Vol. 28, No.4 Week of January 22, 2023
Providing coverage of Alaska and northern Canada's oil and gas industry

Nanushuk reservoir quality

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Maximum burial depth, depositional environment of sediments determine storage

Alan Bailey

for Petroleum News

Major new oil discoveries, such as Pikka and Willow, have been made in the Nanushuk formation on Alaska’s North Slope in recent years. A new research paper published in Marine and Petroleum Geology documents the results of research conducted by scientists from the Alaska Department of Natural Resources into the factors that determine the oil and gas reservoir quality in the formation - an understanding of these factors can help identify optimum places to drill for new discoveries.

(See diagram in the online issue PDF)

The scientists, Kenneth Helmold of the Division of Oil and Gas and David LePain of the Division of Geological and Geophysical Surveys, comment that it is possible to distinguish two groups of sandstone with distinctly different reservoir qualities within the formation: a low-porosity group with porosities of less than 20% and a higher porosity group with a maximum porosity in excess of 30%. While the environment in which the sediments were deposited is critical in determining variations in reservoir quality within these two groups, the disparity between the two groups is largely determined by the maximum burial depths of the sediments, the paper says.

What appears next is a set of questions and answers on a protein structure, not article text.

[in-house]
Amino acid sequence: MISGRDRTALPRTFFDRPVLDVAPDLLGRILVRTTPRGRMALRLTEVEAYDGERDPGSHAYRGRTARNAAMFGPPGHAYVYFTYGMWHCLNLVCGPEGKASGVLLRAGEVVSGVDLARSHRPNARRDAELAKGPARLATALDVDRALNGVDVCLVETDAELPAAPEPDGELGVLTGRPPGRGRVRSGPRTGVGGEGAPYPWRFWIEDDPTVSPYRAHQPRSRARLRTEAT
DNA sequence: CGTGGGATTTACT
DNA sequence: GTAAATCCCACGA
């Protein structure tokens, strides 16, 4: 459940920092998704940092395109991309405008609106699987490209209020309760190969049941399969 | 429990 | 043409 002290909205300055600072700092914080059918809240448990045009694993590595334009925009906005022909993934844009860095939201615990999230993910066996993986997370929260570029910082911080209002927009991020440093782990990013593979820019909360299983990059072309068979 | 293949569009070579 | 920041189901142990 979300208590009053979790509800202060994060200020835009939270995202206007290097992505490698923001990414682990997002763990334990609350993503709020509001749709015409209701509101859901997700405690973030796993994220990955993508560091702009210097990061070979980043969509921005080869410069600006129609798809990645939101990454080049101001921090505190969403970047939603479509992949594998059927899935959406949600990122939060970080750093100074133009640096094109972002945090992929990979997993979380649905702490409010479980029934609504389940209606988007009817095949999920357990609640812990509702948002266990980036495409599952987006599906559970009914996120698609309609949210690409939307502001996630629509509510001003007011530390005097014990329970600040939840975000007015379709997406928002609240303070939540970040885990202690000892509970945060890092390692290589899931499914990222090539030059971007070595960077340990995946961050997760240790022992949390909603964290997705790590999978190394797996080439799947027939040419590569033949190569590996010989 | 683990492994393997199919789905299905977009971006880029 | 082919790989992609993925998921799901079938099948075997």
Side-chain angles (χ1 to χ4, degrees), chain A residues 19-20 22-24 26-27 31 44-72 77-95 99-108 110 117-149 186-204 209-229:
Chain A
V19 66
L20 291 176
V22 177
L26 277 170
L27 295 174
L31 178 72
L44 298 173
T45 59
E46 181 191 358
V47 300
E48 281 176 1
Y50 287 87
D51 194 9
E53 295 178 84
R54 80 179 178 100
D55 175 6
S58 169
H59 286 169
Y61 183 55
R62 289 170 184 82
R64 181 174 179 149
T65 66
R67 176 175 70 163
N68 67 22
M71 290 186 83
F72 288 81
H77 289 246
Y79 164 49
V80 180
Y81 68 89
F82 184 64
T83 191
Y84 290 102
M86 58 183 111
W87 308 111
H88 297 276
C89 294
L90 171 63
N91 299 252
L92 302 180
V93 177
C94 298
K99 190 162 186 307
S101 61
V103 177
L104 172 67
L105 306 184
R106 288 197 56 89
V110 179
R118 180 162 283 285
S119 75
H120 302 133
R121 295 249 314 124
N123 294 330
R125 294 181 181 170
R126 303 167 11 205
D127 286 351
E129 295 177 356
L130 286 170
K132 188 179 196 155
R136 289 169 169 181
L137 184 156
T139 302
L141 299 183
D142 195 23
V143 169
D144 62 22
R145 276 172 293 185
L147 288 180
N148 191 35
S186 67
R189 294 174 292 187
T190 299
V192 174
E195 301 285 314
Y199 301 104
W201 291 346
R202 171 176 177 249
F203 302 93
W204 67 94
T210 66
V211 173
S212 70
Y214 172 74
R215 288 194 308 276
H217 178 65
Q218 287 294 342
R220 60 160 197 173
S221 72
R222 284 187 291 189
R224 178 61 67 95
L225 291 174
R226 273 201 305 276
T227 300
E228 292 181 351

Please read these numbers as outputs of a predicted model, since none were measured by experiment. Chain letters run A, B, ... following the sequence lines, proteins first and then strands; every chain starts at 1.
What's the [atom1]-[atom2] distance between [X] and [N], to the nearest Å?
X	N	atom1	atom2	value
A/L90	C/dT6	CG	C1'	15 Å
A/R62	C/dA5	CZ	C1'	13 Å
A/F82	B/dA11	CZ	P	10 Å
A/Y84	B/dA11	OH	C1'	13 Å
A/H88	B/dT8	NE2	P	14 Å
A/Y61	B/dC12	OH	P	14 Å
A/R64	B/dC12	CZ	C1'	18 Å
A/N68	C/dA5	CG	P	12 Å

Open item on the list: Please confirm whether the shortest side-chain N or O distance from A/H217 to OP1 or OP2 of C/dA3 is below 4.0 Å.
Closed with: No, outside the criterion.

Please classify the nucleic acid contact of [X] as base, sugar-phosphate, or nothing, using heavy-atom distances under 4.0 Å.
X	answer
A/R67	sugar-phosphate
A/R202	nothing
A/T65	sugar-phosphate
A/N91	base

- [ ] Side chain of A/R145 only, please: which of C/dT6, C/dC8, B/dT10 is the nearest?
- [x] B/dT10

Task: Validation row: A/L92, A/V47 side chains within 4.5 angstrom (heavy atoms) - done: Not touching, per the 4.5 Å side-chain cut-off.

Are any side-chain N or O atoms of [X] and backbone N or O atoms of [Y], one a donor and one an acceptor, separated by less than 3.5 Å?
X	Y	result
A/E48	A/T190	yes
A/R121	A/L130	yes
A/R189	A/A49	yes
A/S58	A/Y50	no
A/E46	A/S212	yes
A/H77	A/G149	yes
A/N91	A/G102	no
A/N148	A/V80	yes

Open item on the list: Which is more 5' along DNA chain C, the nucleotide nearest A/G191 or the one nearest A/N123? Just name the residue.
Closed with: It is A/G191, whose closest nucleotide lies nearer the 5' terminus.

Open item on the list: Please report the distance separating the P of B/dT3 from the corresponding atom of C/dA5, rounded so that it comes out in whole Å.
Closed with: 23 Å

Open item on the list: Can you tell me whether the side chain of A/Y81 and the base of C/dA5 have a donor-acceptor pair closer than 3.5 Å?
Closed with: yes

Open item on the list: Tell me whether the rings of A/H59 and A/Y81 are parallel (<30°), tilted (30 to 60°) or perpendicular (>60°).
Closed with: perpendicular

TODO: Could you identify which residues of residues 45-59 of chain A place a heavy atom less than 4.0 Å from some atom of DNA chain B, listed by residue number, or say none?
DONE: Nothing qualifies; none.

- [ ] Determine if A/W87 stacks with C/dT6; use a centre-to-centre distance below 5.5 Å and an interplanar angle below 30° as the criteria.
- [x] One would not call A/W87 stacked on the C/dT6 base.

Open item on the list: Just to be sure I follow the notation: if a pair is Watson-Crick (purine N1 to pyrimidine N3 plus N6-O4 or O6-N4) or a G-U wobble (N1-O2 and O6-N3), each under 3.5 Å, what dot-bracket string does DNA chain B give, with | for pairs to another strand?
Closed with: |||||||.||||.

The rock formation forms part of the Brookian sequence, the youngest and shallowest of the petroleum bearing rock sequences on the North Slope. The sediments that later formed the rocks were deposited in a giant depositional system called a clinothem - a complex system of marine and non-marine sediments associated with ancient river systems - and deposited across the edge and into an ancient marine basin.

River delta complexes

The Nanushuk sediments were deposited in two large river delta complexes separated by a geologic high named the Meade Arch that trends south, approximately from the location of Utqiaġvik on the Beaufort Sea coast. The delta complex to the west of the arch is interpreted as formed from rivers flowing from the west of what is now Arctic Alaska. The delta complex to the east of the arch consists of two lobes, with river-dominated sediment deposition systems that also appear to have been impacted by wave action in the marine basin. Sediment in these lobes appears to have originated both from the west, and from the emerging Brooks Range to the south and southwest.

The analysis presented by the DNR scientists used data from 38 exploration wells located across the western and central North Slope. Data obtained included the results of a detailed analysis of the composition of the rocks, including the grains of detritus in the rocks, the material cementing the rocks, and the rock porosities and permeabilities. An interpretation of sedimentary structures provided insights into the environments in which the sediments were deposited.